Have You Written Ten Books, or Just Written the Same Book Ten Times?
January 16, 2016
Of the Italian Baroque composer Antonio Vivaldi, someone said ‘he did not write four hundred concertos; he wrote the same concerto four hundred times’. As a fan of the great Venetian composer, I certainly dispute that – there is a great interest and variety to be found in his music, despite there being a very recognisable style and feel that pervades all his music.
So what does all that have to do with writing, you may be beginning to wonder. Well, some novelists return to the same themes, settings, moods and character types again and again, sometimes as part of a series, sometimes not. Usually there are changes in the details; the plot is slightly different, the heroine is a redhead instead of a blonde, she is from a slightly different background, has a different job perhaps. There are a different range of minor characters too, although they usually encompass the same types as the first book. What does not change is the basic plot, the outlook, values and personality of the main protagonist, and often certain scenes/scenarios appear again and again in slightly different forms.
Many authors do this, including best-selling ones. People make major writing careers out of essentially only ever writing one book, and then rehashing it over and over. Oftentimes this is what readers want too. There are legions of readers who avidly devour the same type of Regency Mills and Boon story over and over or watch endless episodes of the same television drama.
Should you be worried if all your books are essentially the same? First and foremost, I think it is important to identify whether or not this is what you tend to do. Sometimes we don’t recognise patterns in our own work or behaviour, because we don’t stand back enough to get an overview. Are all six of your romance heroines slight and slim with long hair, easy-going personalities and fun banter? Or perhaps you see them as all being distinct individuals, but fail to convey that through your writing (this is where beta readers can really help – they only have your words).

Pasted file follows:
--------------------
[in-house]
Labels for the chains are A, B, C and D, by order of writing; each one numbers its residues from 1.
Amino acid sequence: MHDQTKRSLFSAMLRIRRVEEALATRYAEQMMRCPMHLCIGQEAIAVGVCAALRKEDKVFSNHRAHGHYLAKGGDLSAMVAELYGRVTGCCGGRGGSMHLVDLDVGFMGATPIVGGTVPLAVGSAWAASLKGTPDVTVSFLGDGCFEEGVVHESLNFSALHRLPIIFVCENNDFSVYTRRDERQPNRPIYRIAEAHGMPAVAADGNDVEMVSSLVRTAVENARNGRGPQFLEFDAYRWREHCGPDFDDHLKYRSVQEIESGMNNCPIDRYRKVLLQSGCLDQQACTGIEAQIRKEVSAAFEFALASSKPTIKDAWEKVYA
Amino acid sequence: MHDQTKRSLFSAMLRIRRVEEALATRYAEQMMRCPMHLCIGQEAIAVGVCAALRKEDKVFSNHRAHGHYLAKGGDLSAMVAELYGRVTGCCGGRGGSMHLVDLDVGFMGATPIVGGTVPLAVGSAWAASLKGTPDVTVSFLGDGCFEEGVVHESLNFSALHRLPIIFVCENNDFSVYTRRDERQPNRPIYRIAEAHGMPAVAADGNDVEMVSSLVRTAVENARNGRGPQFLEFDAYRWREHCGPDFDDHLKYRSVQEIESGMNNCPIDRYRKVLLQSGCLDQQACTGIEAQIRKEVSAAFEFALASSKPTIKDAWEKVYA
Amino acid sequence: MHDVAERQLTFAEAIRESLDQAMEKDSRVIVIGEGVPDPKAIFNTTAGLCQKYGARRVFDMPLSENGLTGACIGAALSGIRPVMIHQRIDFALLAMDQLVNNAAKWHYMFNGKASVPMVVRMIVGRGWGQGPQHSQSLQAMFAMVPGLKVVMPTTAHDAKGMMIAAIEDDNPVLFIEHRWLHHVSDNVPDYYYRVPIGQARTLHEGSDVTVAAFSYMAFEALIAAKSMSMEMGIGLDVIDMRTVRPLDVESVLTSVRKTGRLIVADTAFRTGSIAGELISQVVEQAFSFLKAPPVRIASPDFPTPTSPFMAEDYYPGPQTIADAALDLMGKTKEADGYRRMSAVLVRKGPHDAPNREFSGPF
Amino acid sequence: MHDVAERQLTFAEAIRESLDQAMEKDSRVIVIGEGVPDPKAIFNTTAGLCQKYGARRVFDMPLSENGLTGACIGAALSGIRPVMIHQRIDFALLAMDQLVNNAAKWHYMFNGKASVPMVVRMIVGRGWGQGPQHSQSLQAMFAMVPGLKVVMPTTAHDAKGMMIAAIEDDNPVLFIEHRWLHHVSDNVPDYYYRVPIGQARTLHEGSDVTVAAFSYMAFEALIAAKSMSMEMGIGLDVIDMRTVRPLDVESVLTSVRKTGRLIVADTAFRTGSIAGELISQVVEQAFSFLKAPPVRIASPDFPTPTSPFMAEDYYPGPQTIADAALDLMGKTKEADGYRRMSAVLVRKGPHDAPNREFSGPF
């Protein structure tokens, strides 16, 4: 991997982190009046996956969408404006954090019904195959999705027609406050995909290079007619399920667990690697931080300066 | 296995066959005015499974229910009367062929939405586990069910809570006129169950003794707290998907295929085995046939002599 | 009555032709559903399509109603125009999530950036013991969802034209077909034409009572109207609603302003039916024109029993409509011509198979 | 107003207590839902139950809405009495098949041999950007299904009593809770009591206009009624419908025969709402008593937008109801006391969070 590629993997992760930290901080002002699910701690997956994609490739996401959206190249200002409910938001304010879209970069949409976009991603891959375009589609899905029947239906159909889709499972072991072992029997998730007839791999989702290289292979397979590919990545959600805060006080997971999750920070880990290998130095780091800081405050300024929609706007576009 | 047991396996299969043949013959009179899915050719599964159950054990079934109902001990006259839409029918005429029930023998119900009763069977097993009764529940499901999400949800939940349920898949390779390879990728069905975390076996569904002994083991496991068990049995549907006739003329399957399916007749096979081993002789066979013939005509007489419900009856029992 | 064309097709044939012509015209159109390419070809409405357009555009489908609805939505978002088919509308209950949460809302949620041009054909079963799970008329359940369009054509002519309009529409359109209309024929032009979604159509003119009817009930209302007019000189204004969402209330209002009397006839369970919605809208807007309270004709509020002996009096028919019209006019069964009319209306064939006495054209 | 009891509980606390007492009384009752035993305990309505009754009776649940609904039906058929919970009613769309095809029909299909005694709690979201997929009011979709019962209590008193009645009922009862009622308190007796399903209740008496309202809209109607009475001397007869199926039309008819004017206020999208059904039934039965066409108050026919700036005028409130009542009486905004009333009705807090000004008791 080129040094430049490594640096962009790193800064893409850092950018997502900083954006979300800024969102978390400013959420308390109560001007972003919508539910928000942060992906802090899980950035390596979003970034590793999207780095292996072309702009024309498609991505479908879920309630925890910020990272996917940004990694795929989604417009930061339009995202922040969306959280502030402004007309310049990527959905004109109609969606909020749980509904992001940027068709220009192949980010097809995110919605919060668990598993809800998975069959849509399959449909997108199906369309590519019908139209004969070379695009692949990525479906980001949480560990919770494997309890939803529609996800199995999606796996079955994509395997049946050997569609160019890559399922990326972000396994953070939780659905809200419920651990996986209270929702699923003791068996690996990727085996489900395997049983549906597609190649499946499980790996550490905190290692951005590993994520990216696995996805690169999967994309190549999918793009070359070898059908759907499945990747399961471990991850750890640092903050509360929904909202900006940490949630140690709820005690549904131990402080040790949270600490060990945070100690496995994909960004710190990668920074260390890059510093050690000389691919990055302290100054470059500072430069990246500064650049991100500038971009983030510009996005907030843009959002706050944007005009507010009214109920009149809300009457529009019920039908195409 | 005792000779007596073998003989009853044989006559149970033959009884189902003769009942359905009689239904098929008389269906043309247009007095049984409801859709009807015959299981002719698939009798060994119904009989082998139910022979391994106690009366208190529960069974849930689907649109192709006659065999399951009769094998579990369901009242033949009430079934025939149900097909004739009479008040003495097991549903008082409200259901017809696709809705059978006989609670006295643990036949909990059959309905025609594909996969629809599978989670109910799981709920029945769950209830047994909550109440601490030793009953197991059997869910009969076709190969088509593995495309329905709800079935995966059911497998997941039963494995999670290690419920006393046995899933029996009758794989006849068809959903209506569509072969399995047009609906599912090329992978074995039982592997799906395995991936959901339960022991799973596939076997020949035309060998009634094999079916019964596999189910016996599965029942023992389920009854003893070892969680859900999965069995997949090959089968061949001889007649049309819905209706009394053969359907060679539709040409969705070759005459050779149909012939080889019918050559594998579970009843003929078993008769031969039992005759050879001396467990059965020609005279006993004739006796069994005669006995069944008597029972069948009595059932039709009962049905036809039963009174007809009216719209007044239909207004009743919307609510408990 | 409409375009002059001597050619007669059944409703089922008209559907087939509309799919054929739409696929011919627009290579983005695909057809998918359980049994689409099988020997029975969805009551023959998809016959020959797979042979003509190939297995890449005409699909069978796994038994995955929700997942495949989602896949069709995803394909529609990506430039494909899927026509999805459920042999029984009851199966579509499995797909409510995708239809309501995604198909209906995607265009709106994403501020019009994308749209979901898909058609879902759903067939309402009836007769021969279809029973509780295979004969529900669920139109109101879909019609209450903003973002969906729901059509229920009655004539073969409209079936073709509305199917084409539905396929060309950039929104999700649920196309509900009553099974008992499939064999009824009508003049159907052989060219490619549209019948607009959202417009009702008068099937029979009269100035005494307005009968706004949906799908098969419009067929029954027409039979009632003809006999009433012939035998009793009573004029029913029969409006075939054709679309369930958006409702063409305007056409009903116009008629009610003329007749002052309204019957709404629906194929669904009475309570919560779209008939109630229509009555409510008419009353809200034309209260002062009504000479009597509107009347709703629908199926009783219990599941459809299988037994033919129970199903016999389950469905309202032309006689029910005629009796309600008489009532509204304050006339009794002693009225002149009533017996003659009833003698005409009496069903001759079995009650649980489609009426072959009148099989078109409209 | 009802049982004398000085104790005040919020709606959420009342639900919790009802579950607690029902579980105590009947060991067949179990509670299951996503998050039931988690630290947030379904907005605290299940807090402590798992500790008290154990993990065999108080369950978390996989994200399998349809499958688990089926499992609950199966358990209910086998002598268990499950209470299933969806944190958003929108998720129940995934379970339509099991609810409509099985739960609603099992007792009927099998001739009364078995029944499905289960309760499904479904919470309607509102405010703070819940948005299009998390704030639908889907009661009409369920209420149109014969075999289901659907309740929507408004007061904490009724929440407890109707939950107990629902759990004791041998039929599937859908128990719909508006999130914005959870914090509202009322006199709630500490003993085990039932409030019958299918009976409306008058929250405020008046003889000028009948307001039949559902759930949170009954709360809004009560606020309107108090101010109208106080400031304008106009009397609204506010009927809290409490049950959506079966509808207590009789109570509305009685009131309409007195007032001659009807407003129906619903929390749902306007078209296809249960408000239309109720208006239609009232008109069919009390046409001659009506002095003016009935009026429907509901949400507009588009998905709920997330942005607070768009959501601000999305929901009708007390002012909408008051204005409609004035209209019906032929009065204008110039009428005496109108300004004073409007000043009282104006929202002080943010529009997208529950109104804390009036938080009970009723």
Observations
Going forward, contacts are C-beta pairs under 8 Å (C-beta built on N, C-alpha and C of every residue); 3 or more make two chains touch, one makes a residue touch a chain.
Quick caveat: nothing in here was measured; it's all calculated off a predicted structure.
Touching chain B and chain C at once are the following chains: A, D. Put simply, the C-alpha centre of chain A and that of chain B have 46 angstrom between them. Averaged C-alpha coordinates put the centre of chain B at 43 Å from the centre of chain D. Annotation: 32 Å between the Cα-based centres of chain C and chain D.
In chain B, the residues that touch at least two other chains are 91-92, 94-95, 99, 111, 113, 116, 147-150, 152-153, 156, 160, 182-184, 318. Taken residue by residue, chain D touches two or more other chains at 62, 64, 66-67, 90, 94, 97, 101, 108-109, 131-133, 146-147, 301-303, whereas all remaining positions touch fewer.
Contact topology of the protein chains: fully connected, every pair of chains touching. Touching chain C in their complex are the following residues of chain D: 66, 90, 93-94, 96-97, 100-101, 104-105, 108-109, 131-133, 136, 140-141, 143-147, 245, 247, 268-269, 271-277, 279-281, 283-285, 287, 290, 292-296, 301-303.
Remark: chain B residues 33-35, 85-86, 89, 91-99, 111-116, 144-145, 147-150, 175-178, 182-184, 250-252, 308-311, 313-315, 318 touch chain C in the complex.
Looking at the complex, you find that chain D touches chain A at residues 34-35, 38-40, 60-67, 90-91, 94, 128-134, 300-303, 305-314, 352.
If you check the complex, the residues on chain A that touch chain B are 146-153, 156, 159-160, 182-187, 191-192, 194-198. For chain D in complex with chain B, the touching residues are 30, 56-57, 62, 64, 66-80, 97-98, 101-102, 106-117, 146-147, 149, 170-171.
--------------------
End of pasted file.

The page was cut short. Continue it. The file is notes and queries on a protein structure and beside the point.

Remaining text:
Repetition in writers comes in two varieties. One is the writer who is fixated on the same narrow range of characters and/or plot scenario. The other is the writer who lacks skill, often reusing the same words and phrases over and over, and having a narrow, unimaginative range of metaphors and descriptive words and phrases. For both of these problems, the answer is: expose yourself to a greater range and variety of words, stories, writing styles, things, and ideas, and think and explore more. Analyse both your own writing more closely, and that of great writers. Think about what you are saying with your writing, and what you want to say – and if you at this point are thinking ‘my writing says nothing; it is just entertainment’, let me say that I do not agree. All art and literature coveys certain values, ideas, attitudes, feelings and moods, whether it intends to or not.
If your narrow, repetitive writing style stems from a lack of skill and imagination, it is very beneficial to read the great poets – see my blog post Why Novalists Should Read Poetry for more on this. Read, too, books famed for their style and skill – my post Read to Write Better goes into more detail on this, and has some reading suggestions. Not reading certain things is just as important. We imitate others far more than most of us care to admit, or are even aware of. If you read an endless stream of trashy, poorly written books, this is likely to affect your own writing style.
The trouble with the fixated writer, who endlessly rinses and repeats, is that often this is what they want to do. It may even be the only thing they have any interest in writing. Often, if the main character/s are simply variations on a theme, this character is some ideal or favourite fantasy of the author’s. Usually it is either themselves as the wish they were, or their ideal romantic partner. If you just want write down your favourite daydreams, that is fine. However, a great work of literature always says something meaningful about life, our world, the human condition. If you want to write something that is more than a daydream, then you need to find the courage to look deeper and wider.